• Musser

The Fabric of Life

A vague glimpse of a visual idea wandered through my aging skull this morning, so I acted on it. Most times, such fleeting ideas don't result in a positive outcome. Occasionally, they do. The trick is not to judge the idea before you get started. When I experiment like this, I don't feel in control—and I don't find that worrying. Quite the contrary. I see my hand moving the computer mouse but it feels more like I'm watching someone else moving the cursor on my behalf. I guess it's what's meant by 'letting it happen.' Although I've never bothered taking a survey, I'm quite sure this is common for most who create. When someone asks me 'Where do you get your ideas?,' my unspoken reaction has always been a mix of frustration (I don't have a good answer for them) and confusion (why are they even asking such a thing?). Certainly, there's no particular process involved. It only seems to matter to others. Mind you, I think everyone has such a capability but, for one reason or another, they suppress the urge. And, that's what it is, an urge. It's the acting upon it that makes it concrete. It's the acting upon it which results in something someone can see. If you don't act upon it, you have nothing. Many just talk themselves out of that urge to act, thinking they're not up to the task. If only they'd follow through, they'd soon learn there's nothing metaphysical about it. In fact, it's very much physical. It's all in the doing.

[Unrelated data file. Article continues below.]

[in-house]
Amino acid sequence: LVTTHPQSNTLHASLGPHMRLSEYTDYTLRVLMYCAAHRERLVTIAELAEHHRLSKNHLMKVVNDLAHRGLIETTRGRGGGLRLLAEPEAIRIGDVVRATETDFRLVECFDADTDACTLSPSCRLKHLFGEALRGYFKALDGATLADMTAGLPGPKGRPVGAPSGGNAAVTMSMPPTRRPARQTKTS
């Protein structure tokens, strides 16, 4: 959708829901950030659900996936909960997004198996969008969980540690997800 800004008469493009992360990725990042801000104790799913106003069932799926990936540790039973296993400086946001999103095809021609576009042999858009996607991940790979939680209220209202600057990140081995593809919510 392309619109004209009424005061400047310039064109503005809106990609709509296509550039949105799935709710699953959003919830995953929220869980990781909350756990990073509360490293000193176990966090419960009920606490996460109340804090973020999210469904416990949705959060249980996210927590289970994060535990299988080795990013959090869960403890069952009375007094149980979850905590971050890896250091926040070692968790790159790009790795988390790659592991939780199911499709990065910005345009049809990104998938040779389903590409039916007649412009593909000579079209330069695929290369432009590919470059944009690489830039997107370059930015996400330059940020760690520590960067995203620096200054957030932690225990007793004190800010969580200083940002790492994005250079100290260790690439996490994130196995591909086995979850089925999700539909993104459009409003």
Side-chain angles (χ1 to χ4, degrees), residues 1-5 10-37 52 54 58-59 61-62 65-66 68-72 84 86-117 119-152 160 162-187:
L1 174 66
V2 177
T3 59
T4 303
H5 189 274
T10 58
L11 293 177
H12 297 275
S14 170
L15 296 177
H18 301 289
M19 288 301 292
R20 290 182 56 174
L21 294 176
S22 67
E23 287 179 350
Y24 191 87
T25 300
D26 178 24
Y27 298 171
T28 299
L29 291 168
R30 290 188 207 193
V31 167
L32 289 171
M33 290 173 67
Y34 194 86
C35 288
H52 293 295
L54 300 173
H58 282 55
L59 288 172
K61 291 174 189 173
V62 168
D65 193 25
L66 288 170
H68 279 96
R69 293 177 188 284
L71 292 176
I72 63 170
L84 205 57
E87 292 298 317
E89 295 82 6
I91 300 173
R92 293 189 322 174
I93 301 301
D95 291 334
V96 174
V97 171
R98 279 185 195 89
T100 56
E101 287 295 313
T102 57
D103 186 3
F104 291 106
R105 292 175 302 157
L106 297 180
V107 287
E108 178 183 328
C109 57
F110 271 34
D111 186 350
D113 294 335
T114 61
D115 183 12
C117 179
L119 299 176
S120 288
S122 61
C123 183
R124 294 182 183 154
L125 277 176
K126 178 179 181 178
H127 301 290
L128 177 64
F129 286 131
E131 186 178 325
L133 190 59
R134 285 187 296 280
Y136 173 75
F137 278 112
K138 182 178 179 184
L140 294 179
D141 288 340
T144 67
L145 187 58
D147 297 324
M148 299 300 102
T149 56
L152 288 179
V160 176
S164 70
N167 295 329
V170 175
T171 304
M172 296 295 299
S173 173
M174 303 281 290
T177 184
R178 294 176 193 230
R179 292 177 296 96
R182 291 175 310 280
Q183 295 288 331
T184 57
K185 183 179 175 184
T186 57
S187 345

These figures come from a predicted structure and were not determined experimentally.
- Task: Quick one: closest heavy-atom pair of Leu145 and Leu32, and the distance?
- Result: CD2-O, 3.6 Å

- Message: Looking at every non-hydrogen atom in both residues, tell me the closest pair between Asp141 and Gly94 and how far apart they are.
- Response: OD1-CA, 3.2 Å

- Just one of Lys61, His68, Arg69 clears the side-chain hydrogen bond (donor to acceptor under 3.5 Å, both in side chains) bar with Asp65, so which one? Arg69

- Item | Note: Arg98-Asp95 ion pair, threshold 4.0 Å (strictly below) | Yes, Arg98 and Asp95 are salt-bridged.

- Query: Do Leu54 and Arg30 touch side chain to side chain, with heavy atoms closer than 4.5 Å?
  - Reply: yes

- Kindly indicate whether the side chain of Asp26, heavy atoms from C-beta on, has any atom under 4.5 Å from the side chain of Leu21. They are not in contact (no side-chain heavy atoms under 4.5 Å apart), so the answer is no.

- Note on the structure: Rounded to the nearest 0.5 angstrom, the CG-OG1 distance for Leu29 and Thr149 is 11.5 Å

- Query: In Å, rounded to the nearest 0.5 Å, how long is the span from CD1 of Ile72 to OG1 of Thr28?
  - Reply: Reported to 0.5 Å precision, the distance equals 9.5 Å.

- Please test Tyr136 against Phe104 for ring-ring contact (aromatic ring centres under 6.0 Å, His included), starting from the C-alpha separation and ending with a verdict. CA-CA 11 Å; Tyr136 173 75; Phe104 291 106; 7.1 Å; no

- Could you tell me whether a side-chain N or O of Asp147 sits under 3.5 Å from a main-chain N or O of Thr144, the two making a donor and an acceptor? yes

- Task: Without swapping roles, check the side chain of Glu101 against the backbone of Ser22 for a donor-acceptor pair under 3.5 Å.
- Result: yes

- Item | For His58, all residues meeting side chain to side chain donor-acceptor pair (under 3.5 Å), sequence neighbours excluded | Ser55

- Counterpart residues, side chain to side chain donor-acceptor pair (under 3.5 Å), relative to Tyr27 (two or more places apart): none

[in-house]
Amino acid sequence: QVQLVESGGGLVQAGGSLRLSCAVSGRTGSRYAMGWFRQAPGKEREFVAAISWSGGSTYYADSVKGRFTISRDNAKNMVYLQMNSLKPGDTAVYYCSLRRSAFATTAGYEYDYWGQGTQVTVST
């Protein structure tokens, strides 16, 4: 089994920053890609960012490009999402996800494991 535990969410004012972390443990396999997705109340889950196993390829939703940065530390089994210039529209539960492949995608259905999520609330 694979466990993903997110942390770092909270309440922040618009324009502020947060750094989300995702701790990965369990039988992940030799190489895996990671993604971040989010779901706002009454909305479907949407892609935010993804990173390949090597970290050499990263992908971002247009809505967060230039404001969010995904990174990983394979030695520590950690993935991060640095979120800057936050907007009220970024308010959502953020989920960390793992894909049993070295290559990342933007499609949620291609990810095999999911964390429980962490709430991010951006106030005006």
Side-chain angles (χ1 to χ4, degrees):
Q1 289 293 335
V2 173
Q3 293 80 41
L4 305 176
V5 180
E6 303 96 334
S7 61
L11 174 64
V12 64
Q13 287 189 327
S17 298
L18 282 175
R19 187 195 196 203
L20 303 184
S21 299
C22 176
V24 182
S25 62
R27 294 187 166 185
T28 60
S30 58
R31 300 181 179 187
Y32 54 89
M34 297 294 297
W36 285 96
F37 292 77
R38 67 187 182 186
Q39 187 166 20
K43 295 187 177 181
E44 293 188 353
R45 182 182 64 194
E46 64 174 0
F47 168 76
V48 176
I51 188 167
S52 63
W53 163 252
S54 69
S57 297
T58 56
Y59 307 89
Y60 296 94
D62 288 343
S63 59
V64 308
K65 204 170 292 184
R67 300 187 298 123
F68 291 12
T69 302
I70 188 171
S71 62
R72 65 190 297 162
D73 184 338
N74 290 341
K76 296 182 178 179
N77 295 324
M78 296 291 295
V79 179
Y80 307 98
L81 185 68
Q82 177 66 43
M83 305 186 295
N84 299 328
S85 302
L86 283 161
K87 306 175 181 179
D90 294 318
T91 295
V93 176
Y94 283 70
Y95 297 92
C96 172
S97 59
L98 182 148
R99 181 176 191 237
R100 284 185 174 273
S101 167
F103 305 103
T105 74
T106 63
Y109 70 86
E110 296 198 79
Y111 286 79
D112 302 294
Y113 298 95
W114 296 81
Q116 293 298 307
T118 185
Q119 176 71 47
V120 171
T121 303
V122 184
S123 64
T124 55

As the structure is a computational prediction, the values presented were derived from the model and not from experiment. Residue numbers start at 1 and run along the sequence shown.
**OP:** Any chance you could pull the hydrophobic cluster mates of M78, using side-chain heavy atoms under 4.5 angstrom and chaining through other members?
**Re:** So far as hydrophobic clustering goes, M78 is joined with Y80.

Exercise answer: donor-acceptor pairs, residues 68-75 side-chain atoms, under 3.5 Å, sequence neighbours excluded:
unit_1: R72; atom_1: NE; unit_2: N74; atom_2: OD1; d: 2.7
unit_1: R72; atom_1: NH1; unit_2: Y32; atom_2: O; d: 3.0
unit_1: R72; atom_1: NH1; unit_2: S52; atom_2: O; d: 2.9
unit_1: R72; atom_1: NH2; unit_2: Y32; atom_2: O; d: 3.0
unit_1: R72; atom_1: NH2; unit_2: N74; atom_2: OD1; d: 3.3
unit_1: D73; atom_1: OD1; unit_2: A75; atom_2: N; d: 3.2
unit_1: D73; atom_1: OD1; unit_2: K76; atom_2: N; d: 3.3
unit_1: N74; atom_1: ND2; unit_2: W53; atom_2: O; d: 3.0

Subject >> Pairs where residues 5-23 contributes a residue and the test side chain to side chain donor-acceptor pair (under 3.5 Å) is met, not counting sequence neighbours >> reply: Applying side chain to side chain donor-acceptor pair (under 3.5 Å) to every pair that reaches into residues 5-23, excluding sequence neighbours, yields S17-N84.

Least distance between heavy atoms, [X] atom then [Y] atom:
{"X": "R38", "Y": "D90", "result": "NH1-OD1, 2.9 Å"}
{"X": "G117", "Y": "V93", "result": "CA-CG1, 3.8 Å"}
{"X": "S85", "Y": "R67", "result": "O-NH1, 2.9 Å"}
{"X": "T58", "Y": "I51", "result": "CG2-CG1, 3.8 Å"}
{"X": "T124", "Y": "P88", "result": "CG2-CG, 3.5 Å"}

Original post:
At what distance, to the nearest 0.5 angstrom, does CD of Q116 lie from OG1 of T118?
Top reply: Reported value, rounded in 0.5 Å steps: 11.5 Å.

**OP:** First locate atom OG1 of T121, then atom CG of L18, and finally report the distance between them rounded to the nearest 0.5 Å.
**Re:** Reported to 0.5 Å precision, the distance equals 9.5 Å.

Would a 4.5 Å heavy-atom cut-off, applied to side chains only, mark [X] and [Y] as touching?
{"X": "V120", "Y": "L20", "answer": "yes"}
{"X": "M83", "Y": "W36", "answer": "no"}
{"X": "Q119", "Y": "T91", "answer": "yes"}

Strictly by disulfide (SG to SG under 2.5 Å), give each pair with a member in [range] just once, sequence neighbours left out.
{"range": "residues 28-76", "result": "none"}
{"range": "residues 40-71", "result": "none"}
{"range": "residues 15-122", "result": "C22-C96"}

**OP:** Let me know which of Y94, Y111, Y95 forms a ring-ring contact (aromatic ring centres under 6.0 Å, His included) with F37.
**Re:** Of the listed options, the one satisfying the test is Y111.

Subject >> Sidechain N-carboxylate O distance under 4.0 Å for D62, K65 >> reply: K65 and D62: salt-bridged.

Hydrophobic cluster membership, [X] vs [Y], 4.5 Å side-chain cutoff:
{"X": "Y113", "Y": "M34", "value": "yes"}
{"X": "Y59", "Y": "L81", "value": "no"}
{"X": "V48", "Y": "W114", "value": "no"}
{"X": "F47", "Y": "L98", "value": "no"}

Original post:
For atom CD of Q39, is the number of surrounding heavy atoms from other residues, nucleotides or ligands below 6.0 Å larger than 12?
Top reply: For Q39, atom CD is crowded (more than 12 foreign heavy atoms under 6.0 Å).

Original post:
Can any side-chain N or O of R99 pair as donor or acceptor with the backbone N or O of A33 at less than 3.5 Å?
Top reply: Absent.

So, here are a few experiments done this morning which is simply the result of acting upon an urge. For those who enjoy knowing a bit about how something is done: I chose old remnants of fabric we had, folded them into various bundles, and laid them on my scanner (not a photo—just a scan). Then, within Photoshop, I trim the bundle shapes out so they can be placed against a blank background (color to be added later). Selecting various sections of these fabric bundles, I blurred them in various directions. I copied certain sections and placed them on top of the original image and colorized that section, feathering the edge so as to appear part of the lower, original image. So, alot of selective blurring, feathering, and colorizing (including the final background).

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